The road bent back to the left along a shallow arm of the river with plenty of wading birds. We called them egrets. They called us sketchy, and quickly took wing when we got too close. It was in this stretch, about three miles into the walk, that we caught our first glimpse of the I-65 bridge over the Tennessee.
And indeed, the road goes right under the bridge. We paused there for a while to listen to the Thanksgiving weekend travelers zipping along overhead and snapped a few photos. Looking north under the bridge, we spotted the first other humans we’d see on this hike, walking south between the spans toward the river. There are other roads off Highway 72A/20 that are east of the refuge, so if you’re looking for a quicker route down to the river there are some options. Also, if you’re thinking of doing some boating, Arrowhead Landing Road will take you to a boat launch onto Piney Creek.
After the bridge, we proceeded another 1.5 miles along the river, with the road winding beguilingly between the trees and the shore. I should mention that this road is open to hiking and bicycling, and would be a very pleasant and easy ride for all ages. Just before the 6-mile mark of our trip, we reached the end of a peninsula, with the road curving north away from the Tennessee to follow Piney Creek. We stopped here by a cornfield for lunch. Fortunately, we had packed peanut butter instead of turkey sandwiches, which could have led to some awkward explaining to the residents. I imagine it might have gone like this:
Duck: So, how’s it going?
Ruth: Great, thanks! It’s a lovely day.
Egret: I can’t help notice that you’re eating an … interesting lunch. What’s that on the stick?
Duck: So, scaring birds. Do you think that’s funny?
Ruth: No, no, we’re sorry. No offense intended.
Egret: Maybe we’re a little sensitive. Say, what type of sandwich is that?
Chet: Turkey! With a nice sweet hot stone ground mustard… (trails off awkwardly)
Duck: Brad, you want to handle this?
(A grumpy great blue heron flies in and spears Ruth and Chet through their necks with his big pointy beak.)
The road continued to the north, with occasional sluice gates along the way to control the water in the refuge. Piney Creek is quite wide at this point, and we saw several anglers trying their luck from boats.
This is perhaps an opportune time to mention that we were plagued throughout this hike by ladybugs. The stretch along Piney Creek seemed the worst, and it was also in this area that we noticed the first mosquitoes on this hike. We had insect repellent, which helped with the mosquitoes, but it didn’t faze the ladybugs. This was a first for us — I’ve never seen so many ladybugs out in the wild.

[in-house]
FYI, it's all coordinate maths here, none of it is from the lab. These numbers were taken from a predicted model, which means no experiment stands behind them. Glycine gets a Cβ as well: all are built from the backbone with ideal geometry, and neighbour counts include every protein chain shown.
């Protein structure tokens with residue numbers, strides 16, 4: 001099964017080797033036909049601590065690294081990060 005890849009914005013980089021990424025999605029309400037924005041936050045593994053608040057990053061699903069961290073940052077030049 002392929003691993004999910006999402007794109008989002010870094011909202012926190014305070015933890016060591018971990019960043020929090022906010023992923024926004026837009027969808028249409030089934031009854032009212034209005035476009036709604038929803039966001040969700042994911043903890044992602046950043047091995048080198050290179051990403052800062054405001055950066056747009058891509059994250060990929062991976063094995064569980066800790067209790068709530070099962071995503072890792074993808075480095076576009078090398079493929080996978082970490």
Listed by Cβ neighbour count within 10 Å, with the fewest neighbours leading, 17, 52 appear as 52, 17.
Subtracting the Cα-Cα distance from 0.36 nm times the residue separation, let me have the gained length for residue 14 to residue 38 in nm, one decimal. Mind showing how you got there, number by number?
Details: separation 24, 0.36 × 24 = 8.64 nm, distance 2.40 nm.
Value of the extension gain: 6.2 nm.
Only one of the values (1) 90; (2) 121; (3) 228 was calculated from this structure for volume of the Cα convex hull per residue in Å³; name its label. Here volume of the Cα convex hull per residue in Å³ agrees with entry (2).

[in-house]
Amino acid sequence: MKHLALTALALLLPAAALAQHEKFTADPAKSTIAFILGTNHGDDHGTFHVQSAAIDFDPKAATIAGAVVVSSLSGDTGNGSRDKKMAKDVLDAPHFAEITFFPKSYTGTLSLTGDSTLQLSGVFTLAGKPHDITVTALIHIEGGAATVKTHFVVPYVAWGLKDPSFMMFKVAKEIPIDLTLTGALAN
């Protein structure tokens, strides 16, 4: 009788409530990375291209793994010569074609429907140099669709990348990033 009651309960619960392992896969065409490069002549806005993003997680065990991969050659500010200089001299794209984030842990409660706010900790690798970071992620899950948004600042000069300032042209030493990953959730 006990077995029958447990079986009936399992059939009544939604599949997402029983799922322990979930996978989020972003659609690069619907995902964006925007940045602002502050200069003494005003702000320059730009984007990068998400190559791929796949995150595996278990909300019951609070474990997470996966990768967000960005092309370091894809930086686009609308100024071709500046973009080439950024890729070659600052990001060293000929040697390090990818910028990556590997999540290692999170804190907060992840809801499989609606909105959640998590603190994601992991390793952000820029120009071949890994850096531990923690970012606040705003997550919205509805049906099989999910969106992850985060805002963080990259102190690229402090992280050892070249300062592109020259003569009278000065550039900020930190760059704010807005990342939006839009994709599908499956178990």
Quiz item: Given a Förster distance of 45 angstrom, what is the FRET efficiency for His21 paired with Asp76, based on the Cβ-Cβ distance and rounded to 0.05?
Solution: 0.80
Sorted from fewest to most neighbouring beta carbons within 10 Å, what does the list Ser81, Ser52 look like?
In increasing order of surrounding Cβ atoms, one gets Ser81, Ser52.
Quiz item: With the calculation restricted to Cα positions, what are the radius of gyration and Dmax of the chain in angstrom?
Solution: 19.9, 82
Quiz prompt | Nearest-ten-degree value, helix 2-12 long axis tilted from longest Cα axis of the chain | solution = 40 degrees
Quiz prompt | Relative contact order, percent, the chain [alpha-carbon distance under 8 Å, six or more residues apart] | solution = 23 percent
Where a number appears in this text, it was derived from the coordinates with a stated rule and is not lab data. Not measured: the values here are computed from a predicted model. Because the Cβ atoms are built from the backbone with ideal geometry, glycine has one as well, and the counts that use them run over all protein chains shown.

Almost seven miles into the hike, there’s a junction in the road where you can go left (northwest) or continue straight to get to Arrowhead Landing. It was here that we spotted two men in camouflage and orange blaze hats strolling into the refuge. Wildlife refuge lesson two: this wildlife refuge is only a refuge for waterfowl. Managed hunts are allowed for quail, white-tailed deer, and various varmints. Of course, it’s deer season, and once again we were out in hunting territory not wearing our blaze orange. We weren’t in any danger since we were sticking to gravel roads, but it’s common courtesy and good sense to make yourself visible.
We turned left and followed Eagle Nest Island Road, skirting a large field and again passing under I-65 at about the 7.5 mile mark. The bridge is much lower here, and makes for an interesting view to the south toward the river.
Now that we had turned away from the water, the road took on a different vibe, alternating between tree-lined stretches and areas with open fields on one side or the other. Around the 9-mile mark the trail was flanked on one side by a nasty ditch with stagnant water and enough mosquitoes to even chase back the ladybugs. We were starting to feel the miles a little by this point, but there was no tarrying along this stretch.
Fortunately, the trail bends slowly to the left away from the ditch through a very pretty wooded area. Shortly before the 10.5-mile mark of the hike, the wetlands again come into view, featuring a birdhouse with a view of the water, and another sluice gate to control movement of the water from one section to another. The intersection with White Springs Dike is just beyond this, and from here we retraced our steps for the remaining 1.5 miles back to the trailhead.
We had thrown down a 12 mile hike, our longest dayhike of the year, and possibly an all-time record for us. I won’t lie — we were feeling it, and were glad to finish the hike before dark. It was going to be a beer and Advil night. Actually, we were so tired we skipped the beer!
Here’s the GPS track of this hike.